I have a vague memory of seeing this clip in the midst of my Saturday morning cartoon experience growing up. I love the implied conflict of brains versus brawn in this and some of the literal translations of phrases one might hear on a ball field.
At Fenway Park on August 15, 1916, Red Sox pitcher Babe Ruth came out victorious over Walter Johnson and the Senators, 1-0 in 13 innings. Though Johnson managed to keep Boston to four hits over the first twelve innings, he gave up three more hits in the 13th, thus allowing Jack Barry to score the game’s lone run.
The great thing about baseball is there’s a crisis every day.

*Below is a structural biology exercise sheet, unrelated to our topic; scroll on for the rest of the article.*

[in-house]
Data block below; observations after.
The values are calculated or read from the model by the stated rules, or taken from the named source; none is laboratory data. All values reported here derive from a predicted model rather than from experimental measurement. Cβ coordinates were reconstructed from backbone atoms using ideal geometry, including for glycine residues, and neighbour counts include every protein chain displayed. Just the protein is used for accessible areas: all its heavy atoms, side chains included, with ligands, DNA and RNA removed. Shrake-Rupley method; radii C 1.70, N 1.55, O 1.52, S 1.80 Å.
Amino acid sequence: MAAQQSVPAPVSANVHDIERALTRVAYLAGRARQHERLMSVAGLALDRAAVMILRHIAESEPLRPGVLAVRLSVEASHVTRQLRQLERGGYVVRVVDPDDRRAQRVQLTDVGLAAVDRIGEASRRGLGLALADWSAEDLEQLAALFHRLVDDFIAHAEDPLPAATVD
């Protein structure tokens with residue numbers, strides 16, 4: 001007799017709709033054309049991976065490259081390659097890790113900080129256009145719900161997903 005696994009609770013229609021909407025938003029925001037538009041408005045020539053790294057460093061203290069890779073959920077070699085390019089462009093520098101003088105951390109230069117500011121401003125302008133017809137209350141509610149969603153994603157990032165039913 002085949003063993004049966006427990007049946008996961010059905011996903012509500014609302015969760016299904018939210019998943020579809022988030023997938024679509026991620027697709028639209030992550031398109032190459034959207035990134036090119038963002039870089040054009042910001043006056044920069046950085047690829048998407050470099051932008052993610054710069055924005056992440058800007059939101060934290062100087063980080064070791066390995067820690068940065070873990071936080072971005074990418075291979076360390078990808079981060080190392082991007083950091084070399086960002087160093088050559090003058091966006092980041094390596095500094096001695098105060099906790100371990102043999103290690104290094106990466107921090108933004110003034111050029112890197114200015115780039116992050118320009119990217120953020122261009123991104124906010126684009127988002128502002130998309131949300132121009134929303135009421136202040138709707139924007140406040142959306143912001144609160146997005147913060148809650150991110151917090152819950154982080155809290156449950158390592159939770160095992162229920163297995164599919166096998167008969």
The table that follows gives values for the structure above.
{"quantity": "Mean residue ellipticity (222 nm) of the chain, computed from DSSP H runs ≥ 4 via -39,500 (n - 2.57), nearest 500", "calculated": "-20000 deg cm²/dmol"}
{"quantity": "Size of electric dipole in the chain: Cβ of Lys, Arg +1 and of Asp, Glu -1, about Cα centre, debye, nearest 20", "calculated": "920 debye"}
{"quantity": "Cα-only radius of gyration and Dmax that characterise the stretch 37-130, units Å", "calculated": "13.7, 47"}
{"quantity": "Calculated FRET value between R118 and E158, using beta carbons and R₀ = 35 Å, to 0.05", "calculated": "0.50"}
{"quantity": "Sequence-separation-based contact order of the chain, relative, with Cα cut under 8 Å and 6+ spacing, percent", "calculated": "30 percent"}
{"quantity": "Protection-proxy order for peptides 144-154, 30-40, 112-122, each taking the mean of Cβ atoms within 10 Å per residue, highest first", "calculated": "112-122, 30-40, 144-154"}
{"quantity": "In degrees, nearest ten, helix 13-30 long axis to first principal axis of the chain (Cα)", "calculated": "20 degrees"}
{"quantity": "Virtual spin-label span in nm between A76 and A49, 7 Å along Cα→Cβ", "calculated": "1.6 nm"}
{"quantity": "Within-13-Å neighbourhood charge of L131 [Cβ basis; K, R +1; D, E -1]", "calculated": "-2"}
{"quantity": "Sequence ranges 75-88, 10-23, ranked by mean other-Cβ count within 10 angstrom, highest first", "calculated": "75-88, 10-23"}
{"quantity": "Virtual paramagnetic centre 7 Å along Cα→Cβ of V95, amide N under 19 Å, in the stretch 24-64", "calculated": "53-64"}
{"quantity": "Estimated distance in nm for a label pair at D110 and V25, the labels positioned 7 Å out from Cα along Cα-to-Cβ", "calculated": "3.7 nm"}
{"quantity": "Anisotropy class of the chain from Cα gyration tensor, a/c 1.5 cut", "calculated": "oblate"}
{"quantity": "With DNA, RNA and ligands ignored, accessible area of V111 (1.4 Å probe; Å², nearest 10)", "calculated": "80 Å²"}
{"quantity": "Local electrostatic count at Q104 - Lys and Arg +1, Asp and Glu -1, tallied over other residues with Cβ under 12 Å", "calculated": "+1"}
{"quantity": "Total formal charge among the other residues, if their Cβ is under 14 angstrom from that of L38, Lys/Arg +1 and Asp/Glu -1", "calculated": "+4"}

I never really could understand the idea of becoming “one with the bat.” Wouldn’t that hurt?
In the second game of a doubleheader on August 12, 1921, the Phillies’ right-handed pitcher George Smith gave up 12 hits, and yet he still managed to pitch a shutout against the Boston Braves, winning 4-0. Smith had also started the first game of the doubleheader, but in that game, he gave up three runs on four hits and was taken out in the second inning.
Here’s another great song by The Baseball Project. I owned a few baseball cards as a kid, but not enough to really call it a collection — my parents would have viewed such a compilation as superfluous and wasteful. As an adult, I’m glad this was the case as the cards would probably have just been boxed away or thrown away when I left for school, but I can certainly appreciate the idea of a card collection.
When you’re in the day-to-day grind, it just seems like it’s another step along the way. But I find joy in the actual process, the journey, the work. It’s not the end event.
~Cal Ripken, Jr.